I'm going to assume you know how to find your public IP address using your router. If you don't just Google search it, there are hundreds of great tutorials on it. I'm also going to assume you know how to port forward to your IP address. You just need to make sure your Pi is pointed toward your public IP so when a computer outside your network via the internet accesses your IP address, it points to your Pi. Depending on if your Internet Service Provider (ISP) assigned you with a dynamic IP or a static IP address is important to know. If your IP address is dynamic, that means your ISP can change your IP without you easily knowing. It's common practice that they do this. There are services such as no-ip.com which can help you with a more "static IP address" approach, which is ideal in our case. You don't want the IP address changing on you because then your sites could go down.
Once you have that sorted out, you should have a domain name purchased. In your domain's DNS settings, using an A record, point your domain to your public IP address if it's static. If it's dynamic, you may have to enter a CNAME pointing to the service you use. They'll have more instructions on this on their site.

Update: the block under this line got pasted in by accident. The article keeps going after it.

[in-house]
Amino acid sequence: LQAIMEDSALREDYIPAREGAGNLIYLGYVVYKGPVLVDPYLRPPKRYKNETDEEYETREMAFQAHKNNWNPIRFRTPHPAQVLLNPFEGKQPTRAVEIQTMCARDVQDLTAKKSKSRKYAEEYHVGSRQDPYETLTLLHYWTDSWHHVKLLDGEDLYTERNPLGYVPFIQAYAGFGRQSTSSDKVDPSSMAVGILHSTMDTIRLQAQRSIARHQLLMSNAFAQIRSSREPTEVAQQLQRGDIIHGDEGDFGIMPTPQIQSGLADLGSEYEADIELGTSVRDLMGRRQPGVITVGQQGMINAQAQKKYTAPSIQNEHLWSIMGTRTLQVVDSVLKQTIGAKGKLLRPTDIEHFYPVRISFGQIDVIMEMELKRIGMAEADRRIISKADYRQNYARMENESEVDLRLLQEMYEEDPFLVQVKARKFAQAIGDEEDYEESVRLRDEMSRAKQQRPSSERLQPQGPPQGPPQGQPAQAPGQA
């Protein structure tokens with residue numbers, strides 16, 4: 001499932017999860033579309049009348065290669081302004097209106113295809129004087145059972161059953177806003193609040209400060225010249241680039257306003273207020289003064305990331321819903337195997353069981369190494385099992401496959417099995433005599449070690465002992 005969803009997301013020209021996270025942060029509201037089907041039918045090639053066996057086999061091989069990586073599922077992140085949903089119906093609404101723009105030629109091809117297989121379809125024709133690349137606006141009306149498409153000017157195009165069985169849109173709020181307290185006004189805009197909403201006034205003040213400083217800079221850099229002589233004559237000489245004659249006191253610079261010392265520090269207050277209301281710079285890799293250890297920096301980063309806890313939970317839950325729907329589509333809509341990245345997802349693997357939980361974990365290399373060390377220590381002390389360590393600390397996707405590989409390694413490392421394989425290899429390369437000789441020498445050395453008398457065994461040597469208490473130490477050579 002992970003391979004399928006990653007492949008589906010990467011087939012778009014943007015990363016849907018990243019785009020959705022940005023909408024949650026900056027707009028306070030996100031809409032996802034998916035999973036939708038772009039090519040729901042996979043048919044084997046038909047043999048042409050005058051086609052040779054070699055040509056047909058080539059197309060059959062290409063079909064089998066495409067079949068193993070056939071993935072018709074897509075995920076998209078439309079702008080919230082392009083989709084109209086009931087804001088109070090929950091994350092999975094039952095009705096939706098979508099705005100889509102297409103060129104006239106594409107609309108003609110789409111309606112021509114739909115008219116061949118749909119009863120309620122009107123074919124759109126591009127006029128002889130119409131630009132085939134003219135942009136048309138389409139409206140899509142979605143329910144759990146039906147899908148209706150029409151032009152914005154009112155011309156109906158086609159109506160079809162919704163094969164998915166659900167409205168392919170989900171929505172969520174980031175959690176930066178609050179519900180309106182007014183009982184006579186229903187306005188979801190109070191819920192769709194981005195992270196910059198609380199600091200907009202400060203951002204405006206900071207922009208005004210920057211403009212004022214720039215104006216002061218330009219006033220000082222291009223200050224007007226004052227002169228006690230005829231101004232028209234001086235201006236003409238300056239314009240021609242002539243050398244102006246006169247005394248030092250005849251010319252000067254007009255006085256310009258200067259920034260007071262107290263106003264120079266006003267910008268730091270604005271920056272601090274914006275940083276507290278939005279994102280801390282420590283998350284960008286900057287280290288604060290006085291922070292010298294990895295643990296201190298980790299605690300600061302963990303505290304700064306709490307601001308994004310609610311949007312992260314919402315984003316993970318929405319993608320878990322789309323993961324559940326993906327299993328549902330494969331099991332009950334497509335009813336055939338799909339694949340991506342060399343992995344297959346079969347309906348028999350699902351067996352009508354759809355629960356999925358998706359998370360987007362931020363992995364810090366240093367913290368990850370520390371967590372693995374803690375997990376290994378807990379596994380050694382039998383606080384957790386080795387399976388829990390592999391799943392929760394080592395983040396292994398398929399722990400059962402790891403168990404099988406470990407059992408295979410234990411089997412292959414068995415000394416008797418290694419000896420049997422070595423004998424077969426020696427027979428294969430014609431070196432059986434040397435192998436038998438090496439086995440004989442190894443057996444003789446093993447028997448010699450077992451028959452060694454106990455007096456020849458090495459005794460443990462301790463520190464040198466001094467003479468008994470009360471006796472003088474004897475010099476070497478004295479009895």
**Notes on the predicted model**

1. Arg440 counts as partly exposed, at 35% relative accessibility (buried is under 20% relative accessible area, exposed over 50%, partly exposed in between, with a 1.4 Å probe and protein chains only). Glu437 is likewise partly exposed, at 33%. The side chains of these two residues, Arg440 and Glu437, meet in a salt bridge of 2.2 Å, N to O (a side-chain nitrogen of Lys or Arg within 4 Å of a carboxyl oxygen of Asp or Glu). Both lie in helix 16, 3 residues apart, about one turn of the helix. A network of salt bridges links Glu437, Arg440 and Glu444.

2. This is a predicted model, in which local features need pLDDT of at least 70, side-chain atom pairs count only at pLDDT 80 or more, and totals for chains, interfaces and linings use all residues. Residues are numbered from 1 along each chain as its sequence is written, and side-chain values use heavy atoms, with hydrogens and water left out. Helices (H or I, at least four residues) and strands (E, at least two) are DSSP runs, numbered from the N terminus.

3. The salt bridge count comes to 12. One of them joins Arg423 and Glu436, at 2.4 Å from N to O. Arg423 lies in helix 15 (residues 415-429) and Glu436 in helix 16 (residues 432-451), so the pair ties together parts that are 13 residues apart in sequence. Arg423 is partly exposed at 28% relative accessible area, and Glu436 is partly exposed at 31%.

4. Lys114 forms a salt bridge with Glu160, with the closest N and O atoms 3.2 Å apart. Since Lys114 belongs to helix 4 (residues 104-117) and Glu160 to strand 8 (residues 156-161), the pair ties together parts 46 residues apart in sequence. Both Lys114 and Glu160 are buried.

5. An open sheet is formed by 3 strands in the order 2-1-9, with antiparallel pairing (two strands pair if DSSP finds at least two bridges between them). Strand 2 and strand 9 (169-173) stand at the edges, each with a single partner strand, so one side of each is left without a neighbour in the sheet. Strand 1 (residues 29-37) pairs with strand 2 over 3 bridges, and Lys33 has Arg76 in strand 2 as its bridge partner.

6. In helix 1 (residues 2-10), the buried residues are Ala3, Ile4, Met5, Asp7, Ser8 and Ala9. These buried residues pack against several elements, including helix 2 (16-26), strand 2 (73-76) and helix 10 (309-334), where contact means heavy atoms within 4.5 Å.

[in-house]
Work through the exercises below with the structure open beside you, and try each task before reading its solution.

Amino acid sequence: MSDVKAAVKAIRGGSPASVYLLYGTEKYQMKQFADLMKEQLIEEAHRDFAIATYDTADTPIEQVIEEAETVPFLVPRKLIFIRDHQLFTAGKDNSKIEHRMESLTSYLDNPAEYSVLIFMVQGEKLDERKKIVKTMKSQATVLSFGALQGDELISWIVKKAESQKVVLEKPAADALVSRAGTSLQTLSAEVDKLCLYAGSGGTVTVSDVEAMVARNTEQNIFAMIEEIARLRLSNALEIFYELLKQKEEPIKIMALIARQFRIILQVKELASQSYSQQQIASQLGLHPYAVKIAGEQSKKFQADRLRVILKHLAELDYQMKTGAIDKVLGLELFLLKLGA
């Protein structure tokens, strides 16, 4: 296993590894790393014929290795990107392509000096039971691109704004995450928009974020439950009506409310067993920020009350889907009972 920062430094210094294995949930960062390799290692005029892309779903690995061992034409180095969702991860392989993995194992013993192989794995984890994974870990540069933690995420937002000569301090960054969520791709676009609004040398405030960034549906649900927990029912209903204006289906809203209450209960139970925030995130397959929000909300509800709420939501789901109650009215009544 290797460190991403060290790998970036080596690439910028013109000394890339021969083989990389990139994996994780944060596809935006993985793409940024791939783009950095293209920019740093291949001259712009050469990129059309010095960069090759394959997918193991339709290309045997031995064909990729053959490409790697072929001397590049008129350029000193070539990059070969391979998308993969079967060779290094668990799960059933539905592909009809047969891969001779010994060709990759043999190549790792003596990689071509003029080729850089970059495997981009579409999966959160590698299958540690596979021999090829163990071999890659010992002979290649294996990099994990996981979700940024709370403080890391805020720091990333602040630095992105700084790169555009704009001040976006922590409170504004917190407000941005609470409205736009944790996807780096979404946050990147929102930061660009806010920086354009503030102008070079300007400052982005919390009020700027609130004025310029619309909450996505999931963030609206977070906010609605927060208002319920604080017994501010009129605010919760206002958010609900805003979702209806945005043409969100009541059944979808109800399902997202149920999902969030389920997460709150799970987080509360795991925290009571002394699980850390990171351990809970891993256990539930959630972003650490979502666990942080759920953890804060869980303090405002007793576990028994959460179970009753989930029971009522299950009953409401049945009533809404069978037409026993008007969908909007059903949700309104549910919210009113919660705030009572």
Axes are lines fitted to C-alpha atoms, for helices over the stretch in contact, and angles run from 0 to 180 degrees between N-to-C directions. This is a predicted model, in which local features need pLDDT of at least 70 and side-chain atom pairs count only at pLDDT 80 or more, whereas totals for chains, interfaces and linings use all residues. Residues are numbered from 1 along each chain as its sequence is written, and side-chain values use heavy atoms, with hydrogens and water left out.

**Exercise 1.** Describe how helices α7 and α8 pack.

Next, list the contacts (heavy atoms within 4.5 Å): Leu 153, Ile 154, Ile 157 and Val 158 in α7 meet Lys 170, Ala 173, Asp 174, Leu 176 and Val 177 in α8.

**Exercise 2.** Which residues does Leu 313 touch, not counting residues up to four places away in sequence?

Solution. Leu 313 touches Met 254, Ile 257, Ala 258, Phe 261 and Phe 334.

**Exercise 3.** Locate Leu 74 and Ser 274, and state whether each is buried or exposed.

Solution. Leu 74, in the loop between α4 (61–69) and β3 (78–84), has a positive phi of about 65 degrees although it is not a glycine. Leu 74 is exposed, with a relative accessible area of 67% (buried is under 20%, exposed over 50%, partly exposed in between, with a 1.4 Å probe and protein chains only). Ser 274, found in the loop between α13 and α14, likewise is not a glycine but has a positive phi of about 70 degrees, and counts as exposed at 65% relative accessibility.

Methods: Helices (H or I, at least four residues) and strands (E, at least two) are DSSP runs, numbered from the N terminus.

Login to your Pi using SSH. If you're using MacOS, you can use terminal, if you're using Windows, try using PuTTY.
The default password is ubuntu. As soon as you login for the first time, it'll ask you to change it. Please change it to a very secure password.
You now have a Raspberry Pi configured to run Ubuntu. This is awesome because it's just like running a new DigitalOcean Droplet.
One thing I did was I changed the root's password. You'll need to know what it is regardless. This was easy to do by entering the following command:
sudo passwd root
Alright, now to the best part, installing Ghost. Not going to lie, as soon as I got to this point, I just followed Ghost's official guide to installing on Ubuntu. I'll repeat a lot of their documentation and what I've changed when I ran through it.
This part of the guide will ensure all prerequisites are met for installing the Ghost-CLI.
Open up your terminal and login to your new server as the root user: